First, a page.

Bulletin of the World Health Organization
Volume 98, Number 4, April 2020, 229-296
Artificial intelligence in health care: accountability and safety
— Ibrahim Habli, Tom Lawton & Zoe Porter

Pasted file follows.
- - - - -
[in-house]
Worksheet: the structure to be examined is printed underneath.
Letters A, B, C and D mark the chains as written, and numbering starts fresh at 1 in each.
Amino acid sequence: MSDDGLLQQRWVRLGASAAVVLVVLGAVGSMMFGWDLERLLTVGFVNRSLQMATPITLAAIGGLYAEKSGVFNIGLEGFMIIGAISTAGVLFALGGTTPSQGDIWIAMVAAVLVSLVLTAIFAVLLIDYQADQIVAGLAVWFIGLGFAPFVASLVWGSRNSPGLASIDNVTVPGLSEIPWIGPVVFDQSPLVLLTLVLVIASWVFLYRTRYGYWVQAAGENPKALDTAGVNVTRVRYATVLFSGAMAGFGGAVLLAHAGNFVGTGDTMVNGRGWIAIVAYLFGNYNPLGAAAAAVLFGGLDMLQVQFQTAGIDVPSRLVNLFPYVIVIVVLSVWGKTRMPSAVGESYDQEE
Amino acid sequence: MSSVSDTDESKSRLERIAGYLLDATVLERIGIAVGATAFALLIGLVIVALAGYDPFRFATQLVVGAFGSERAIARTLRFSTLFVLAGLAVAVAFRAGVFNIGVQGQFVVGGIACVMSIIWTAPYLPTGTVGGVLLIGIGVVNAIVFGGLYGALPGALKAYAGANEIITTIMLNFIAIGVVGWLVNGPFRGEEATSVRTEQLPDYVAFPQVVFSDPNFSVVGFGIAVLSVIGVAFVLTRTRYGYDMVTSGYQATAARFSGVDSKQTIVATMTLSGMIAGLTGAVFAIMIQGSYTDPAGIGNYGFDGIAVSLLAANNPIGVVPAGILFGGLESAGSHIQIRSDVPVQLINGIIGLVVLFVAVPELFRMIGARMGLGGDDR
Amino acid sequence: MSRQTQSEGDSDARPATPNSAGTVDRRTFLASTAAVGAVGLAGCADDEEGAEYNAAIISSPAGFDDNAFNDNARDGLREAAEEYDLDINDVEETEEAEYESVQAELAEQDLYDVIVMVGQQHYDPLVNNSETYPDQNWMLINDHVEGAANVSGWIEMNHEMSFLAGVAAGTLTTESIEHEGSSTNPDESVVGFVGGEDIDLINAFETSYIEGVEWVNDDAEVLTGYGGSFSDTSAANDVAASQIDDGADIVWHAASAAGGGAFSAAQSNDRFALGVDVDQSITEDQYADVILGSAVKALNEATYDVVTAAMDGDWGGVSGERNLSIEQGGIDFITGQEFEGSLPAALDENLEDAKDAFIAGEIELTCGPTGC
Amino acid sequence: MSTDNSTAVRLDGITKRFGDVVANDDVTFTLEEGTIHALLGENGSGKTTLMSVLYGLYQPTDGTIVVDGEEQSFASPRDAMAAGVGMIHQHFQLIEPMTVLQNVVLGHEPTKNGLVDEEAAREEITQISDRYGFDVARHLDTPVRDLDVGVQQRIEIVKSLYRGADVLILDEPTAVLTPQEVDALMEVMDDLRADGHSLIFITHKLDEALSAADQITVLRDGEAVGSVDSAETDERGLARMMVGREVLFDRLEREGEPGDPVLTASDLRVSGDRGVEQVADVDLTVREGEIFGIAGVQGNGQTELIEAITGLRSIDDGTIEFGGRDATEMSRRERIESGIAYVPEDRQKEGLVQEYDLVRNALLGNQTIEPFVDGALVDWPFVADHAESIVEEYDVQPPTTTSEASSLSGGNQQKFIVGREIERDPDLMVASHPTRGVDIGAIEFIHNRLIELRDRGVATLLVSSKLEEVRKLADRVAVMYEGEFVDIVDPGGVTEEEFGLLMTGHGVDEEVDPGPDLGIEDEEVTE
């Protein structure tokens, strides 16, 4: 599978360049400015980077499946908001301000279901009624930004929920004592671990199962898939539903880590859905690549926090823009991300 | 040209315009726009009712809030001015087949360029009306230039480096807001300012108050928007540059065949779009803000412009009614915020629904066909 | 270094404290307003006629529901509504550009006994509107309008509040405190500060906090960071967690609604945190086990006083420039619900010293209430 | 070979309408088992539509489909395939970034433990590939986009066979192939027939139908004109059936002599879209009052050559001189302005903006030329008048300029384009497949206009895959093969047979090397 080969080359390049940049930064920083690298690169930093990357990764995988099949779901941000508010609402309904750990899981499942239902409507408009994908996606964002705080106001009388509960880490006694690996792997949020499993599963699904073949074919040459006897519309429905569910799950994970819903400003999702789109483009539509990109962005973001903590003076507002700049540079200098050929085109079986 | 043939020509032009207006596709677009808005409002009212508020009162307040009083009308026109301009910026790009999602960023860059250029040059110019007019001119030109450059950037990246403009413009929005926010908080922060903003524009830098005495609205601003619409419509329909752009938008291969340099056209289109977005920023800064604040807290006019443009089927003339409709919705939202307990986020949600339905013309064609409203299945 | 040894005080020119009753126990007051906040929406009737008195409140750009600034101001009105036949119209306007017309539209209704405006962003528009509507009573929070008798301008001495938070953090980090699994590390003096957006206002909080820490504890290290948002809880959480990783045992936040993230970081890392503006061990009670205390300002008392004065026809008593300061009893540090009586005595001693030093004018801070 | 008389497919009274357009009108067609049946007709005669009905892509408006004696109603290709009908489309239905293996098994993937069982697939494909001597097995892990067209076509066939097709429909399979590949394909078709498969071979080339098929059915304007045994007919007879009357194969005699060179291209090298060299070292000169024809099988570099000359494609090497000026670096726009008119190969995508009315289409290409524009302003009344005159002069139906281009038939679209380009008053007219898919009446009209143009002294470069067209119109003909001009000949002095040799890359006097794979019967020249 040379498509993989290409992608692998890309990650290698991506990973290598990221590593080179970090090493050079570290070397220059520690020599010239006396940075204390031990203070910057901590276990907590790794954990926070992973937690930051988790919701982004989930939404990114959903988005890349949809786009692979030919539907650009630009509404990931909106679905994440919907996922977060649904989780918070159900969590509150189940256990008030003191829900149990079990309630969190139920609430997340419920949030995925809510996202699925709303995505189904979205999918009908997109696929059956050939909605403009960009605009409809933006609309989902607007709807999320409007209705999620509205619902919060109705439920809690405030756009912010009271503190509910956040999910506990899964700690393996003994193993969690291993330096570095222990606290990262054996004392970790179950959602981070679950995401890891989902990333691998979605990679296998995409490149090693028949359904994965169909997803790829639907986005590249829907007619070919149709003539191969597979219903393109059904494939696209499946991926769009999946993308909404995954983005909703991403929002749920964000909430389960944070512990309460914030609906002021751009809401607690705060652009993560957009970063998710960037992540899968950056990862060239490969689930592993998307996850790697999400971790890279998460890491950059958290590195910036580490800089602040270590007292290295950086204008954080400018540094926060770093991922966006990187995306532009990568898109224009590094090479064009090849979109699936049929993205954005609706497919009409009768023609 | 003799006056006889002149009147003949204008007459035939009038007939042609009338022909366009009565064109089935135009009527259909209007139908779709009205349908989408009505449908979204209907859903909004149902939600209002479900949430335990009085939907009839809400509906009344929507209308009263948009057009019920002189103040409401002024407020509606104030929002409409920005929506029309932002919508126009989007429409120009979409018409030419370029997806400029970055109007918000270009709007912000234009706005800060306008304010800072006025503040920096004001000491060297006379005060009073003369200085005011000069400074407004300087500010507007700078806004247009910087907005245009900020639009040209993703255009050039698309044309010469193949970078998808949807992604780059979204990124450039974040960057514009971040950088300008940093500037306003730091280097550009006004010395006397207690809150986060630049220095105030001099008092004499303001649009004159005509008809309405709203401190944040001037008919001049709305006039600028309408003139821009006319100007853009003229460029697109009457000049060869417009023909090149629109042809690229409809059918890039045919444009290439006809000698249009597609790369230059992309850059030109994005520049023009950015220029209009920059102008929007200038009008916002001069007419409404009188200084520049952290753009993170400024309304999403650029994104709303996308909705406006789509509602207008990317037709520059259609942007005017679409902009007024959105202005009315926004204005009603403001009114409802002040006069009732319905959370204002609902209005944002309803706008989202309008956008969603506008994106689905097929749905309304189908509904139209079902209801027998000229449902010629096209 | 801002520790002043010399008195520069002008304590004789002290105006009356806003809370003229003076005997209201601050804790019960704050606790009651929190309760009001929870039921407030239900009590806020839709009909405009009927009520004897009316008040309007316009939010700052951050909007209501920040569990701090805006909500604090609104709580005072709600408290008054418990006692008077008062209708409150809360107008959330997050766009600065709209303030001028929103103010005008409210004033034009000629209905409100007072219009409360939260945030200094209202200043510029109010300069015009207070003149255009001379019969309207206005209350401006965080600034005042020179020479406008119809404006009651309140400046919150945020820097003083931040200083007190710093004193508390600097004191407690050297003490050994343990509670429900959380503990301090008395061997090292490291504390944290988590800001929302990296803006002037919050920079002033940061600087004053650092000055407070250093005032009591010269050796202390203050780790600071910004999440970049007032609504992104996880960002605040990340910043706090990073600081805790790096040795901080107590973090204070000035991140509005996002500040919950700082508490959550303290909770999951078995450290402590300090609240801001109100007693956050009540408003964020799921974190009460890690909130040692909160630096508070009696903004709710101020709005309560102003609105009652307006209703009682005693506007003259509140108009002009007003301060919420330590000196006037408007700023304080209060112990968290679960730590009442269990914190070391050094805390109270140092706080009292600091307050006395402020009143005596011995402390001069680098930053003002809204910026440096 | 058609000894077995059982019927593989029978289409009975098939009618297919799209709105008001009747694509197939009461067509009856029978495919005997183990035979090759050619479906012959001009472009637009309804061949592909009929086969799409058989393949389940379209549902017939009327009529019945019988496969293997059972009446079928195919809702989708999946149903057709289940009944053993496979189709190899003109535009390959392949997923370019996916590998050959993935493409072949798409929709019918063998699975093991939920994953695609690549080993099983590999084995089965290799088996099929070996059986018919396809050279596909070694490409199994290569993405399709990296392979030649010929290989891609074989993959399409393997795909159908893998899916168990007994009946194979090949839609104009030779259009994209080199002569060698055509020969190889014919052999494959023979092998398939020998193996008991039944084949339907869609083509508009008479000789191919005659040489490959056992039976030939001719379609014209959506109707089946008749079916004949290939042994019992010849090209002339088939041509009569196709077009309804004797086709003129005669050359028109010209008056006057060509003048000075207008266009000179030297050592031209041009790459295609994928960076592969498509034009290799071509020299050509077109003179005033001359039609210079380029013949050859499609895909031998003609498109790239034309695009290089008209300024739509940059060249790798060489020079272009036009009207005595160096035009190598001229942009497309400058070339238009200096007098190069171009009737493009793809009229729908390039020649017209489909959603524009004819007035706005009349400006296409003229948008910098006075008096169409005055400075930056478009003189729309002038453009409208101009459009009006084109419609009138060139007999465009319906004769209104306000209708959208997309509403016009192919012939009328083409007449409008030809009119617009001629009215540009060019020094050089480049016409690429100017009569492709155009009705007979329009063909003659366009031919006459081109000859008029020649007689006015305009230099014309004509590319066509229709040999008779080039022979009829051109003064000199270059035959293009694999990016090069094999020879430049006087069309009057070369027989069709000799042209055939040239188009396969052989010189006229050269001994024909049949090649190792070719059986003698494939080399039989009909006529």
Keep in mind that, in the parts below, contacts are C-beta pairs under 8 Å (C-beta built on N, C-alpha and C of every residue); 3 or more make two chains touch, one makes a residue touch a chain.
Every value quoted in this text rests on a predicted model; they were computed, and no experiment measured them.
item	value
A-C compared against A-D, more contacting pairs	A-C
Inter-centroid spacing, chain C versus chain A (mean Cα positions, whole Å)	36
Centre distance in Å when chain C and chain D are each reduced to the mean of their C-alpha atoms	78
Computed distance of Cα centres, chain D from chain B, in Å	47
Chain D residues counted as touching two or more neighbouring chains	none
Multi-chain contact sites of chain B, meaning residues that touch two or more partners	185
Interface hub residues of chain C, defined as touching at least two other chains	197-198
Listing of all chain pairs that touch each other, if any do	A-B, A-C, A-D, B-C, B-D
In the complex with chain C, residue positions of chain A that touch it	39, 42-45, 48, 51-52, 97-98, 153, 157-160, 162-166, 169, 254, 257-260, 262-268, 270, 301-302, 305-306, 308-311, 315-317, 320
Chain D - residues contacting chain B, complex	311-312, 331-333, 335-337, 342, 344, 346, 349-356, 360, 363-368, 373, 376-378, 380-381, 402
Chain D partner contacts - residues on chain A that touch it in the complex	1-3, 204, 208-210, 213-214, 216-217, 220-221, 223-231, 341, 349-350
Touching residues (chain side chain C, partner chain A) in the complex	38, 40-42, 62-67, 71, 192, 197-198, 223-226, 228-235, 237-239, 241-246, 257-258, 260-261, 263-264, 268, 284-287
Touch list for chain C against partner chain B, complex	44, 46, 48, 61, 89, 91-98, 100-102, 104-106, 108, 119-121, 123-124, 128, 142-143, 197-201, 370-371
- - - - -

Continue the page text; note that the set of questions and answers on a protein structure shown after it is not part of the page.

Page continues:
The prospect of patient harm caused by the decisions made by an artificial intelligence-based clinical tool is something to which current practices of accountability and safety worldwide have not yet adjusted. We focus on two aspects of clinical artificial intelligence used for decision-making: moral accountability for harm to patients; and safety assurance to protect patients against such harm. Artificial intelligence-based tools are challenging the standard clinical practices of assigning blame and assuring safety. Human clinicians and safety engineers have weaker control over the decisions reached by artificial intelligence systems and less knowledge and understanding of precisely how the artificial intelligence systems reach their decisions. We illustrate this analysis by applying it to an example of an artificial intelligence-based system developed for use in the treatment of sepsis. The paper ends with practical suggestions for ways forward to mitigate these concerns. We argue for a need to include artificial intelligence developers and systems safety engineers in our assessments of moral accountability for patient harm. Meanwhile, none of the actors in the model robustly fulfil the traditional conditions of moral accountability for the decisions of an artificial intelligence system. We should therefore update our conceptions of moral accountability in this context. We also need to move from a static to a dynamic model of assurance, accepting that considerations of safety are not fully resolvable during the design of the artificial intelligence system before the system has been deployed.